Italian facade specialist Stahlbau Pichler had its work cut out developing a robust and lightweight engineered system capable of supporting deep facade panels, which range in thickness from 40cm to 80cm. The entire facade incorporates over 100 tons of glass, and had to be attached to the existing building with its own structural constraints.

The aluminium panels are each 4m high, 1.5m wide and configured to allow each glass fin to be attached independently. The optimum amount of aluminium was specified to reduce visual obstructions.

‘The glass blade assembly on site was very delicate, carried out by lowering each blade from above, starting with the ground floor then moving upwards,’ says Vaccarini.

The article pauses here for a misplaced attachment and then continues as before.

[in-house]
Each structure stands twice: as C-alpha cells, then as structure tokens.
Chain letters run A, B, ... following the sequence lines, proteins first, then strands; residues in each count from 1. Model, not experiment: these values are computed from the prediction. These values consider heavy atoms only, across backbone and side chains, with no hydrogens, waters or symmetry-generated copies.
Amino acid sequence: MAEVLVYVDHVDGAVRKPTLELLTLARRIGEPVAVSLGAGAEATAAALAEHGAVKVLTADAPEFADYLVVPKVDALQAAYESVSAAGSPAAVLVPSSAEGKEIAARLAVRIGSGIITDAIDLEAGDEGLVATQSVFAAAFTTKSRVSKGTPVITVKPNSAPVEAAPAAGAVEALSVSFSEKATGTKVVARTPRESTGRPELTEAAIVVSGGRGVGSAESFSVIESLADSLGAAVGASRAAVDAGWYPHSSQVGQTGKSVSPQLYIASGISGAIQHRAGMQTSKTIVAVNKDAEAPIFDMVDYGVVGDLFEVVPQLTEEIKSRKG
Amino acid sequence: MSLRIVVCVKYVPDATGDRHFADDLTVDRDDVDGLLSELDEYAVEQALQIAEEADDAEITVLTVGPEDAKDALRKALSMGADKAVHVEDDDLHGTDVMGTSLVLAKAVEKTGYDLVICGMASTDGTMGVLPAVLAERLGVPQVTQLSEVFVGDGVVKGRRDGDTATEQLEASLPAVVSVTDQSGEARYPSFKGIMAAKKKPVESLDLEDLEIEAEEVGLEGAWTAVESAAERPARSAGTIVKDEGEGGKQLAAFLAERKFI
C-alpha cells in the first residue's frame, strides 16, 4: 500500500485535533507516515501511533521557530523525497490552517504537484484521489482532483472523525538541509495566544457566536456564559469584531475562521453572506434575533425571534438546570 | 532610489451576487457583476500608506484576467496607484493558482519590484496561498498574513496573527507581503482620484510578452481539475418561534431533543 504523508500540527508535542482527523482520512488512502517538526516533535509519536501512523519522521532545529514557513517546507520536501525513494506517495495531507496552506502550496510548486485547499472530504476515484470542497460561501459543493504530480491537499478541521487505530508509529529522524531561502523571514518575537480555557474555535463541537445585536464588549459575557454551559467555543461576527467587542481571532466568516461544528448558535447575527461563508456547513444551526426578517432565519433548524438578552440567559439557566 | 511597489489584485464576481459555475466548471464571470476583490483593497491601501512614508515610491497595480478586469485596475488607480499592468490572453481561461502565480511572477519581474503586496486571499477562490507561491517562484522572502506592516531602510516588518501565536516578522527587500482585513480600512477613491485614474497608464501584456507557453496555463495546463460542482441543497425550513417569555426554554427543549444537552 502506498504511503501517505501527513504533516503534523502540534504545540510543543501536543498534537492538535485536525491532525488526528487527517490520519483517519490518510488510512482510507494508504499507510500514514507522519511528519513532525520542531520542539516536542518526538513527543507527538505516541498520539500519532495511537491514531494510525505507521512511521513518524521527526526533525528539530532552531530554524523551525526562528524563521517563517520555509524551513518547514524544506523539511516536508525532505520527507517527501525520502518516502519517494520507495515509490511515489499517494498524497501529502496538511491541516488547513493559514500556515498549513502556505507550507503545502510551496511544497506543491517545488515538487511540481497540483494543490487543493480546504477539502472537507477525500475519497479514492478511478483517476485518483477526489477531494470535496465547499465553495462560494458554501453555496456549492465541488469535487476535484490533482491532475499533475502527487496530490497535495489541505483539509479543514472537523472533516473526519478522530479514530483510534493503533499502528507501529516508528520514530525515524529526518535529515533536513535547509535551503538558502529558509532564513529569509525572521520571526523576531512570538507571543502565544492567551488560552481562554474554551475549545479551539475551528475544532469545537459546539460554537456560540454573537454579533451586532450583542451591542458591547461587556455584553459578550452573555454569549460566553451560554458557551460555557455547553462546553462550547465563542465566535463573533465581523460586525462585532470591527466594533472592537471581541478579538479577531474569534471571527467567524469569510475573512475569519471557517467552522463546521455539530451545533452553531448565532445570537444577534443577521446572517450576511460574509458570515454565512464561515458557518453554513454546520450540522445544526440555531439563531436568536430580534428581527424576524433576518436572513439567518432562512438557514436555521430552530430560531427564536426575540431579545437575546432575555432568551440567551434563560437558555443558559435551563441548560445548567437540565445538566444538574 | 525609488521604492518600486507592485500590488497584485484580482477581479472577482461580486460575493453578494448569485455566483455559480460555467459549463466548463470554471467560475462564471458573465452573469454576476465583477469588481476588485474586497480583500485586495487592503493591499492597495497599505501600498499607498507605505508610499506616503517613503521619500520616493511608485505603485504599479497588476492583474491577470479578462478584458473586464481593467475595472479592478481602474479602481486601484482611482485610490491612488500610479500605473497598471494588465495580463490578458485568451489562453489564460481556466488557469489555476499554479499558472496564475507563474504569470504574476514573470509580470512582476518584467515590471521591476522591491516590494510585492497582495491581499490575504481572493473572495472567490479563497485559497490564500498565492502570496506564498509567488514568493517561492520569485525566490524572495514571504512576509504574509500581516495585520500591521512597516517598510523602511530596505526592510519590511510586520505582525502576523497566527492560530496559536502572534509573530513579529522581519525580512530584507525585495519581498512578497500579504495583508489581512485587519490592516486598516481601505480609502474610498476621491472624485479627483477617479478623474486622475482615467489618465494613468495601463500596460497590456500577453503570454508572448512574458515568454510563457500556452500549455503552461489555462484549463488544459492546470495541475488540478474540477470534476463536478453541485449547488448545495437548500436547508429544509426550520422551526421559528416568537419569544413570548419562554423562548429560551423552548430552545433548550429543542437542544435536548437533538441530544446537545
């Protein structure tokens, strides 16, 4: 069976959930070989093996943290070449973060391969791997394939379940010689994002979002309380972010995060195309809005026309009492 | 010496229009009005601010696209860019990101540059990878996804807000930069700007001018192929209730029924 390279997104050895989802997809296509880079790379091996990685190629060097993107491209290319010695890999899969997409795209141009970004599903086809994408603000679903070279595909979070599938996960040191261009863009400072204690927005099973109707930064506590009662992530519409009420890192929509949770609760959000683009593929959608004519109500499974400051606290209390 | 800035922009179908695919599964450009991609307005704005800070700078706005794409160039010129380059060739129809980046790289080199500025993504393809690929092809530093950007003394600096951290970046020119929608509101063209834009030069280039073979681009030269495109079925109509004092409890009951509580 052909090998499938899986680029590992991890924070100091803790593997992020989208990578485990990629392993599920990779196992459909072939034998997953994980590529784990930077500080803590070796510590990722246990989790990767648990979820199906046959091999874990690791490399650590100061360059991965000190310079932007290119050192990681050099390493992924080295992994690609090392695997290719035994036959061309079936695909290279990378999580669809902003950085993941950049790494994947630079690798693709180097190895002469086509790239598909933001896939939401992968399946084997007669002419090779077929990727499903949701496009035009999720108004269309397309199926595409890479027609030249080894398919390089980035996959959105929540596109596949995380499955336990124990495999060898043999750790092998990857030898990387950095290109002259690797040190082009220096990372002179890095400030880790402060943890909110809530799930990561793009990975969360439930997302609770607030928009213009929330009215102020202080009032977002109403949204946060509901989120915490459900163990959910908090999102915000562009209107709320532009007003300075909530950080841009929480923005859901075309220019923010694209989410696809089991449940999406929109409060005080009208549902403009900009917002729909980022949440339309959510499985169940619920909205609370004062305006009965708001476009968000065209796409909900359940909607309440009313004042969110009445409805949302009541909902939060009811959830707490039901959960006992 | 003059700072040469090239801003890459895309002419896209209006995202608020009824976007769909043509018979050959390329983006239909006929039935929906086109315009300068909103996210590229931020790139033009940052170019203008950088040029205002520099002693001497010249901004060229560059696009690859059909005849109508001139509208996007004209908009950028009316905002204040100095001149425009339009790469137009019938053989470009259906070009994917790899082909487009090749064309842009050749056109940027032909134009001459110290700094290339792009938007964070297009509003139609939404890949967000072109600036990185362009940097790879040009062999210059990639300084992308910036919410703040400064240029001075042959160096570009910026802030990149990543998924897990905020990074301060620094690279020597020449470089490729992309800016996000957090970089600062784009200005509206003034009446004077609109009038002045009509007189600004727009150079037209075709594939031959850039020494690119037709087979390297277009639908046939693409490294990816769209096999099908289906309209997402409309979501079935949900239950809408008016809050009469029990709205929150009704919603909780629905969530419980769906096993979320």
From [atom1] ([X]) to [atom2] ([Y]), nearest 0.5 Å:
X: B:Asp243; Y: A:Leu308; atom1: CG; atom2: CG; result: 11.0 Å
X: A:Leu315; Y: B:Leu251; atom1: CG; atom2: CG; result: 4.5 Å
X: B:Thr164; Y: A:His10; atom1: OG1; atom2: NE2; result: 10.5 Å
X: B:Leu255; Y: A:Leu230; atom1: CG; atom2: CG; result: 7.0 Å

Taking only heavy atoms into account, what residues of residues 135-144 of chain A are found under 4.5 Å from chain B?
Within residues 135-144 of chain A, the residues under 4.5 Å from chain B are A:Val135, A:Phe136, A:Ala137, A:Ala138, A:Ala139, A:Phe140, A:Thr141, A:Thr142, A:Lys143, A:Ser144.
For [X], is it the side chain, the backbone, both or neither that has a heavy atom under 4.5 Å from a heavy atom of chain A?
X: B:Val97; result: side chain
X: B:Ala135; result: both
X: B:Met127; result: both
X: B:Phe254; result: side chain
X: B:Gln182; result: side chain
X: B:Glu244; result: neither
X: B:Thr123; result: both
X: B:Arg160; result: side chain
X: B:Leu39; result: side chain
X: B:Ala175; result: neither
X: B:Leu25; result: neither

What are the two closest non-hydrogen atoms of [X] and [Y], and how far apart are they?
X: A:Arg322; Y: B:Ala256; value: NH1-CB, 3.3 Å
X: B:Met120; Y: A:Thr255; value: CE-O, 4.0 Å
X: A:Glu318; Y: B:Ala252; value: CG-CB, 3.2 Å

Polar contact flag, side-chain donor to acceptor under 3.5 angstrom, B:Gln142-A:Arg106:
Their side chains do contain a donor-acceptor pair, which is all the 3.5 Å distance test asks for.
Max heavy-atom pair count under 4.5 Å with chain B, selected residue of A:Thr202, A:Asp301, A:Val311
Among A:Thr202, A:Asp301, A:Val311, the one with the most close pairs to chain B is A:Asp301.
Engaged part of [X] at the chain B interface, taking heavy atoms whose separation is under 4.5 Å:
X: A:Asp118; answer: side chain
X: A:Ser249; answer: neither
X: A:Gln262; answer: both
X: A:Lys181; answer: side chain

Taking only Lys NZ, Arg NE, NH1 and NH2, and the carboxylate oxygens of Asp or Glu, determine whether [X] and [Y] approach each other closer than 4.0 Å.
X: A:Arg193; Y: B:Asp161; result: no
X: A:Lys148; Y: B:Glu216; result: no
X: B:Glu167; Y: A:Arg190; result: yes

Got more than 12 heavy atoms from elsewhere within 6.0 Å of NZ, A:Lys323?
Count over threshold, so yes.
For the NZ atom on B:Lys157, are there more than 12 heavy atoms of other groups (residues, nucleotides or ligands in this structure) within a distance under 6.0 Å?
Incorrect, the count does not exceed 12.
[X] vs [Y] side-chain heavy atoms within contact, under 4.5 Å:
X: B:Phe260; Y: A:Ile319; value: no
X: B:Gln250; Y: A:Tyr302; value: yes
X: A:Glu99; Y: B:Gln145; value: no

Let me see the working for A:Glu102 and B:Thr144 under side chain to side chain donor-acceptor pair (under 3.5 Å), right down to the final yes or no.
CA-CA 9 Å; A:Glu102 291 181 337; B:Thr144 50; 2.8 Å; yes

Vaccarini has described the glass envelope as an ‘augmented window,’ that amplifies, reflects and refracts blades of light to enhance views of the surroundings from the office floor. When seen from the outside, the ‘thick’ stratified facade with its screen-printed glass panels de-materializes the surface and increases its sensitivity to colour changes. When the LEDs are switched on at night the resulting prismatic blur could leave some passers by wondering if they should have gone to Specsavers.

‘The result is extraordinary, in the literal sense of the term ‘out of the ordinary’, says Vaccarini. ‘A simple system that, when reiterated, produces a complex multiplication of visions, both on the inside and on the outside of the building – a kinetic form of architecture,’ he concludes.

Credits

Architect Giovanni Vaccarini Architetti

Technical direction Fossati Architects 

Structural engineer Wintsch&Cie

Facade engineer BCS 

Lighting design for facade SIMOS

Facade manufacturer Stahlbau Pichler